Volunteer Engagement & Private Attorney Involvement

Legal aid organizations have utilized a number of methods to engage volunteers in their work, not only as a way to expand services to clients but also to involve and invest the community in providing access to justice to the low-income population.

An effective plan to engage volunteers addresses:

  • The needs of the client community and ways in which volunteers can help meet those needs
  • A range of volunteer opportunities available to private attorneys, law students, and other professionals
  • Strategies to recruit, train, retain, and recognize volunteers
  • Methods for referral that encourage participation
  • Oversight, management, and quality assurance procedures for pro bono work

Projects

Washington, D.C.'s Housing Right to Counsel Project

Today, more than 11 million families spend over half of their incomes on rent. Some even spend as much as 80 percent. What this means is that millions of Americans face the threat of eviction, and when they do get sued for eviction, they often don’t have help.

In fact, in many housing courts across the United States, 90 percent of landlords are represented by attorneys and 90 percent of tenants are not. These numbers are even more pronounced in Washington, D.C., one of the most expensive places in the country to live. In the Landlord and Tenant Branch of the D.C. Superior Court, approximately 95 percent of landlords are represented while 90 percent to 95 percent of tenants are unrepresented.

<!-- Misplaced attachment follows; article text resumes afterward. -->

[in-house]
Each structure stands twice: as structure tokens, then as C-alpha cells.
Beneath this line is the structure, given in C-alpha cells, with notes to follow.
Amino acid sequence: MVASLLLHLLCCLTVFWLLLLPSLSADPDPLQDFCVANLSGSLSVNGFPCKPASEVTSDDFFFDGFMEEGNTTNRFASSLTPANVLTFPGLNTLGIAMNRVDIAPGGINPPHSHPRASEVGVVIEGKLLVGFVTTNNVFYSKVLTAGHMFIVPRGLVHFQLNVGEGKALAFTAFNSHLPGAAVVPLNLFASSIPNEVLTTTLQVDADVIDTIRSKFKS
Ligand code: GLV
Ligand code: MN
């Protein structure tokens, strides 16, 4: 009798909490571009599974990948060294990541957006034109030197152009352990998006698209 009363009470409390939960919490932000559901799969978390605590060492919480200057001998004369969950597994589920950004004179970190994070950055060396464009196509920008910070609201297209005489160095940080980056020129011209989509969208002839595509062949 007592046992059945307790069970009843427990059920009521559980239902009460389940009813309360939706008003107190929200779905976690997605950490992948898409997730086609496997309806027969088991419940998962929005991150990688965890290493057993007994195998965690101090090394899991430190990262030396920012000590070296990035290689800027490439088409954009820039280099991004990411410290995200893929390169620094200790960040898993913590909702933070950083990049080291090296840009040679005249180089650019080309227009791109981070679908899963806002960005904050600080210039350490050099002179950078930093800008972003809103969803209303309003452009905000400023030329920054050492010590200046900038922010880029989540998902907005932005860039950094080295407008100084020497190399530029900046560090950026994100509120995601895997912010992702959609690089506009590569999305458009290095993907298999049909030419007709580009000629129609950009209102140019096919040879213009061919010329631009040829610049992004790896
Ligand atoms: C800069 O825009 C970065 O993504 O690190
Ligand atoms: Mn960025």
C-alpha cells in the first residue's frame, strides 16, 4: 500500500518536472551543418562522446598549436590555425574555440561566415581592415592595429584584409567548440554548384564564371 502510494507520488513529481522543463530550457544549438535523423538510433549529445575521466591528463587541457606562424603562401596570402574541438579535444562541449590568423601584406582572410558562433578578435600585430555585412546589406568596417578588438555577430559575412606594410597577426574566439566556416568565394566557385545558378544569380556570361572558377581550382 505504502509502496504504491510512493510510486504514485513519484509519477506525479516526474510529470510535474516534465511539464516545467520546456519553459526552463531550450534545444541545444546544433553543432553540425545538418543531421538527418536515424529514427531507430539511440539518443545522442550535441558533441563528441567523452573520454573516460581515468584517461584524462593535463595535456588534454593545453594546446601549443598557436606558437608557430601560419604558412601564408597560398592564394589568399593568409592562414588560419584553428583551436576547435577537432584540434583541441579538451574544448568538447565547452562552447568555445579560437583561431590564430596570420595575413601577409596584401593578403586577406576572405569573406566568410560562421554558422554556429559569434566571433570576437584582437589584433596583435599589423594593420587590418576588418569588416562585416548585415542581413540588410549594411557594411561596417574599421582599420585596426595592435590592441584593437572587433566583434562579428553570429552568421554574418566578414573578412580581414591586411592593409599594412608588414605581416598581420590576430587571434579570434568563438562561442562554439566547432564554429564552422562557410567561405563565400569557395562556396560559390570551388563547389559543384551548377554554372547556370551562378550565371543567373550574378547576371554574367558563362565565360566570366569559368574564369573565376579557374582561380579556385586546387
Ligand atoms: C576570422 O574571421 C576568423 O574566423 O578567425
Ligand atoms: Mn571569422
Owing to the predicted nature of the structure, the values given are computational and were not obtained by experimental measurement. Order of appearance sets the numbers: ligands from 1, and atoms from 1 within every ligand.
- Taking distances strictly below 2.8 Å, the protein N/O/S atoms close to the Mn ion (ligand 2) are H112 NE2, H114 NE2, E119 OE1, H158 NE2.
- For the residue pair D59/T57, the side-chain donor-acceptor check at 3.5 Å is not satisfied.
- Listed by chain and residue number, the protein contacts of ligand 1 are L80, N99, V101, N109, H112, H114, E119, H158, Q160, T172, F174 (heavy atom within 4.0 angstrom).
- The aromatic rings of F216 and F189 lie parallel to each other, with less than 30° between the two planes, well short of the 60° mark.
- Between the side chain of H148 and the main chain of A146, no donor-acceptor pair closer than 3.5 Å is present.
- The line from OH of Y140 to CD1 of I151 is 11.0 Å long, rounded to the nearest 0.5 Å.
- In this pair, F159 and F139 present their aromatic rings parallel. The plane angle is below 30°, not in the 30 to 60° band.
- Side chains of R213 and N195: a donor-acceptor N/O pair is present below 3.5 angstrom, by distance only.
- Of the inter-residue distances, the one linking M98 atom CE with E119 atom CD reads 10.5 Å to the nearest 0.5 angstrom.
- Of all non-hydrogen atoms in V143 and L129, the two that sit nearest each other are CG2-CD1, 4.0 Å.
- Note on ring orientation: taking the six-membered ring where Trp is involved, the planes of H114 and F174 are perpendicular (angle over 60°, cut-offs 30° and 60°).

This disparity, highlighted by the fact that unrepresented tenants often waive their rights, fail to raise critical defenses, and are pressured into one-sided agreements that inevitably lead to eviction, is why four organizations—Legal Aid Society of the District of Columbia, Bread for the City, Legal Counsel for the Elderly, and the D.C. Bar Pro Bono Center—launched the Housing Right to Counsel Project in 2015.

The project implements a practice model that combines intensive outreach to low-income tenants, a proactive agreement of limited or full representation, and collaboration between legal aid providers and pro bono attorneys. As of late 2015, the project had secured commitments from more than a dozen D.C. law firms to take on eviction cases. Through this innovative pro bono model, law firms establish housing practice groups and develop in-house expertise and mentoring capacity.

Although the project has only been around for a short while, pre-court outreach has proved more successful than any previous effort. Among the findings:

  • About 25 percent of tenants respond to an offer of representation letter.
  • Tenants who receive outreach letters are 20 percent less likely to default, even if they don’t follow through on the offer of representation.
  • Most cases receiving any representation remain unresolved.

For more information on the Housing Right to Counsel Project, view the PowerPoint slides from the organizations’ presentation on “Innovations in Civil Legal Aid” at the 2015 NLADA annual conference here.